Gridiron Rhetoric: Week 14

[Cross-blogged for Leland Quarterly]

The end of the season means one thing: it’s time to bust out the superlatives. Superlatives are tossed around a lot in football—sometimes tossed around more than the football itself—and so it’s easy to forget that only one quarterback, one linebacker, one coach is the absolute, unquestionable, indisputable best.

And this year, two of those three belong to Stanford.

Andrew Luck, in a wildly unpredictable turn of events, has been named the Pac-12 player of the year, and our coach David Shaw (not that David Shaw) is the Pac-12 coach of the year. Add an 11-1 season, a likely shot at another BCS bowl title, and wins over Cal, USC, and Notre Dame, and it’s easy to see why the superlatives start flying.

But it’s been a rough year for some other Pac-12 schools. Stanford, on the other hand, found that it’s pretty easy to win when you have the best coach in the game. And when your quarterback also happens to be the best coach in the game, well, what do you expect to happen?

Answer: transcendence.

But: We should take a moment to pause at this, the end of our season, before we’re tossed into the chaos of college football’s bowl games, and reflect on how grateful David Shaw must have felt this Thanksgiving to still have his job, when elsewhere in the Pac-12 it was coaches (and not just turkey) on the chopping block.  The expectations for Shaw were astronomical. The stakes were colossal. And the results were monumental.

Other coaches were not so lucky. Rick Neuheisel helped his Bruins accidentally become Pac-12 South champions, despite their best effort not to do so. Arizona State’s Dennis Erickson watched his team implode slowly over the course of the last six weeks of the season. After a strong start, Washington State collapsed into its (as of recently) usual place as football doormat, and Paul Wulff got shown the door. And Arizona didn’t even wait until the end of the season to give Mike Stoops the boot.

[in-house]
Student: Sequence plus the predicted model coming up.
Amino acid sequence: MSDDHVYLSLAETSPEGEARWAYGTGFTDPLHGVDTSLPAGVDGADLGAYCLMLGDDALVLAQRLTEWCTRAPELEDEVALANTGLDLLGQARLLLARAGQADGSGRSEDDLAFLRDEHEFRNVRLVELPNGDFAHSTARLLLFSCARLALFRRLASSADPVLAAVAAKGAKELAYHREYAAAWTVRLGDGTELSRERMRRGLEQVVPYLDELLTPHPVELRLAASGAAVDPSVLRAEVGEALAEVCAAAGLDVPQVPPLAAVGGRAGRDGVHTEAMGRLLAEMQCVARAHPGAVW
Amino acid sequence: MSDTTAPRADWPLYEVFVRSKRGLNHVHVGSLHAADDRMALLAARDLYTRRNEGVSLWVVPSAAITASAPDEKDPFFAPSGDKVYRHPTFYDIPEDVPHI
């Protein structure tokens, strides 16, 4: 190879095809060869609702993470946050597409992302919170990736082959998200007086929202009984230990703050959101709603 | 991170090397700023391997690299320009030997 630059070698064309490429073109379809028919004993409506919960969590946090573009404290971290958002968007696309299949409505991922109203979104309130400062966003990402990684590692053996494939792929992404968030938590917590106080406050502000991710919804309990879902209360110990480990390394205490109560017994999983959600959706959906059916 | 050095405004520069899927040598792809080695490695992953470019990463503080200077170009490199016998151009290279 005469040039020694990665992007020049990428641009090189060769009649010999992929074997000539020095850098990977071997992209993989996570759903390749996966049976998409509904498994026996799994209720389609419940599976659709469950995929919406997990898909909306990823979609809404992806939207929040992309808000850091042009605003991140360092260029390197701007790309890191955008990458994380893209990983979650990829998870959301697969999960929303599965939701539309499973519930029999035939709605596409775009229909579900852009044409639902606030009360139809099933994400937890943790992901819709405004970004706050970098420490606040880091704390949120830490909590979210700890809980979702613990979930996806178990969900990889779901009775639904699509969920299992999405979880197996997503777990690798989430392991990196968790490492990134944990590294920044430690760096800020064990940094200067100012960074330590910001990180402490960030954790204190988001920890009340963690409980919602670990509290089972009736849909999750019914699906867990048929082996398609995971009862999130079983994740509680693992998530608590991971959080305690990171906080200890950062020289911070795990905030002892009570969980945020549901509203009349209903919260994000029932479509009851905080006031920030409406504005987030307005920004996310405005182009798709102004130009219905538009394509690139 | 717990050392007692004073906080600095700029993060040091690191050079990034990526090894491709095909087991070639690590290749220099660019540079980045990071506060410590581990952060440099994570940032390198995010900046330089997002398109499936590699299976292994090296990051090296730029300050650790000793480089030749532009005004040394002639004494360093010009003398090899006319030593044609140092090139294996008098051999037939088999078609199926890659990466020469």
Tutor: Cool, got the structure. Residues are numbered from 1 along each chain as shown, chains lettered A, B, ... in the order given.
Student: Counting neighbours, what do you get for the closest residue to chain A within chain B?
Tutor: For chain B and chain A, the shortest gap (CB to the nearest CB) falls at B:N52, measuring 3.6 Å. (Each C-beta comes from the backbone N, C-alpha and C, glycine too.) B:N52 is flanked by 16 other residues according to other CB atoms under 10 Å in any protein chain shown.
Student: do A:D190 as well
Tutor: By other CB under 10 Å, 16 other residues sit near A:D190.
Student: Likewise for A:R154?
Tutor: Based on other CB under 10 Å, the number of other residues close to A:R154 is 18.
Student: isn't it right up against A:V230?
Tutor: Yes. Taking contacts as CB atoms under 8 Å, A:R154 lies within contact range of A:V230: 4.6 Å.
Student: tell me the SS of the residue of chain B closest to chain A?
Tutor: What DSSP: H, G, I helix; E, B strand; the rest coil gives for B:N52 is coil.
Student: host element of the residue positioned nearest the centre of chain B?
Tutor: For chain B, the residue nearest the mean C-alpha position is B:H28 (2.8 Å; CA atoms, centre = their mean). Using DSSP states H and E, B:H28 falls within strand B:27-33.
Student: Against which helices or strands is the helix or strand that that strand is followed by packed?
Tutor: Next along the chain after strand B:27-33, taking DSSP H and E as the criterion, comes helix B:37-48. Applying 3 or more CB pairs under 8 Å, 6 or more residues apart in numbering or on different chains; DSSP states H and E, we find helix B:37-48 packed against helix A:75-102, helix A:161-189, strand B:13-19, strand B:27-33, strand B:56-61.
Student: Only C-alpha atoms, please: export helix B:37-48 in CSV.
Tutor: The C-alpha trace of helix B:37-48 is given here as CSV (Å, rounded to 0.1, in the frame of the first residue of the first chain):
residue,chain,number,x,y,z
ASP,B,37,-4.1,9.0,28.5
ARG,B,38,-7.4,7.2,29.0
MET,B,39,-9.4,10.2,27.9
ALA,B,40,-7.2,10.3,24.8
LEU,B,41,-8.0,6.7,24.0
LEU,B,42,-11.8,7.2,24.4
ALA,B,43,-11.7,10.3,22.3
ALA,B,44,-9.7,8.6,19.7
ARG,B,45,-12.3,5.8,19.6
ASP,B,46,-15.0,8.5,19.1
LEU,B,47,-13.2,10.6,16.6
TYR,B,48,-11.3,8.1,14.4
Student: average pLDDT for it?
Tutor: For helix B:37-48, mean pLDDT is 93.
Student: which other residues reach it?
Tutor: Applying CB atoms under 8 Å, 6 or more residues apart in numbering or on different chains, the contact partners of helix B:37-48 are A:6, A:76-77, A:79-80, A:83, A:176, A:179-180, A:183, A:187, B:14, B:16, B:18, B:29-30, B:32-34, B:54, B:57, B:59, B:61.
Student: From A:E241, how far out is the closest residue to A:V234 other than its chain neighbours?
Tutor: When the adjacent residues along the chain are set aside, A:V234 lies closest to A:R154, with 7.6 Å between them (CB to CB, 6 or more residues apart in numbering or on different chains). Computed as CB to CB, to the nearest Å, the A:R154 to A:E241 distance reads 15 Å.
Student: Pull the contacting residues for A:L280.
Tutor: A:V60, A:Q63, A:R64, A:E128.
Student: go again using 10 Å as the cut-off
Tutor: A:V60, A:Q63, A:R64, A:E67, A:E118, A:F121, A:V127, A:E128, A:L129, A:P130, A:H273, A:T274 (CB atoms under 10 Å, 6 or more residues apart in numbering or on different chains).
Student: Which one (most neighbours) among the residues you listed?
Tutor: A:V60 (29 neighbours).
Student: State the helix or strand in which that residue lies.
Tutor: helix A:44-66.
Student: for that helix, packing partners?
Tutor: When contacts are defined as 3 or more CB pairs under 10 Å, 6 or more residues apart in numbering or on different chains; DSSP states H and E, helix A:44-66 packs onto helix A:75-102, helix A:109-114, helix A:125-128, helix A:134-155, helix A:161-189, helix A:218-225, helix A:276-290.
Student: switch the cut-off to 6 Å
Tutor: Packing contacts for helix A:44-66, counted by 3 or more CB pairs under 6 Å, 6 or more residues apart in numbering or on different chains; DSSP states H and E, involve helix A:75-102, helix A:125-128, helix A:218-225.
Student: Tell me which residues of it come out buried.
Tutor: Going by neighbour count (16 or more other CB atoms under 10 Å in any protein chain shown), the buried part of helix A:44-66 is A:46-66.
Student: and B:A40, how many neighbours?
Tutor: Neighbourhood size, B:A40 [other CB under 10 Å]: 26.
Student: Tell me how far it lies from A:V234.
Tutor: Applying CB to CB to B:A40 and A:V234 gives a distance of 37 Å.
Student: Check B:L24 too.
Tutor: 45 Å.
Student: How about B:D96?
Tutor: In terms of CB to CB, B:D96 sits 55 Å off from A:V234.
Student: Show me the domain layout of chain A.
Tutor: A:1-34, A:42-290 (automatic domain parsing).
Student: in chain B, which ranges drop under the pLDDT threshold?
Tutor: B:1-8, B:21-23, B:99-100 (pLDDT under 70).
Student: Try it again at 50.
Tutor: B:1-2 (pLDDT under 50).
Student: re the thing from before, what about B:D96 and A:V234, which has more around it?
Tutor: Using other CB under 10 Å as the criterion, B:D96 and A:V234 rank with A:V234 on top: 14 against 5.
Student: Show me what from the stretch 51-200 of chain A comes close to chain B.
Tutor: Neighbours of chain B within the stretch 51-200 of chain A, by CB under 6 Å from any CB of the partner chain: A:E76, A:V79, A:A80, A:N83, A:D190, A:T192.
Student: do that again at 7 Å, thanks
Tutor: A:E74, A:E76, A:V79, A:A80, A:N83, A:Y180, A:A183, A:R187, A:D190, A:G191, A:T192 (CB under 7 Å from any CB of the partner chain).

Yes, it’s a hard job, being a NCAA football coach. And one that sometimes seems frustratingly based on how much luck (Luck?) you have on the field—or how well your predecessors managed to recruit people like Luck. But don’t feel bad for Neuheisel or Erickson or Wulff or Stoops—they have hefty severance packages and they’ll turn up again somewhere, either assistant coaching in the NFL or commentating or just realizing that making between $600,000 (Stoops) and $1,500,000 (Erickson) per year was a pretty nice gig while they had it.

The highest paid coach at a public Pac-12 school? Take a guess.

College football players may not be paid, but college football coaching is not exactly an altruistic endeavor. And like in any job that’s highly competitive and rewards talent, if you don’t perform to expectations, well, say goodbye to that bathroom.

Finally, a look at some rhetoric from around the internet:

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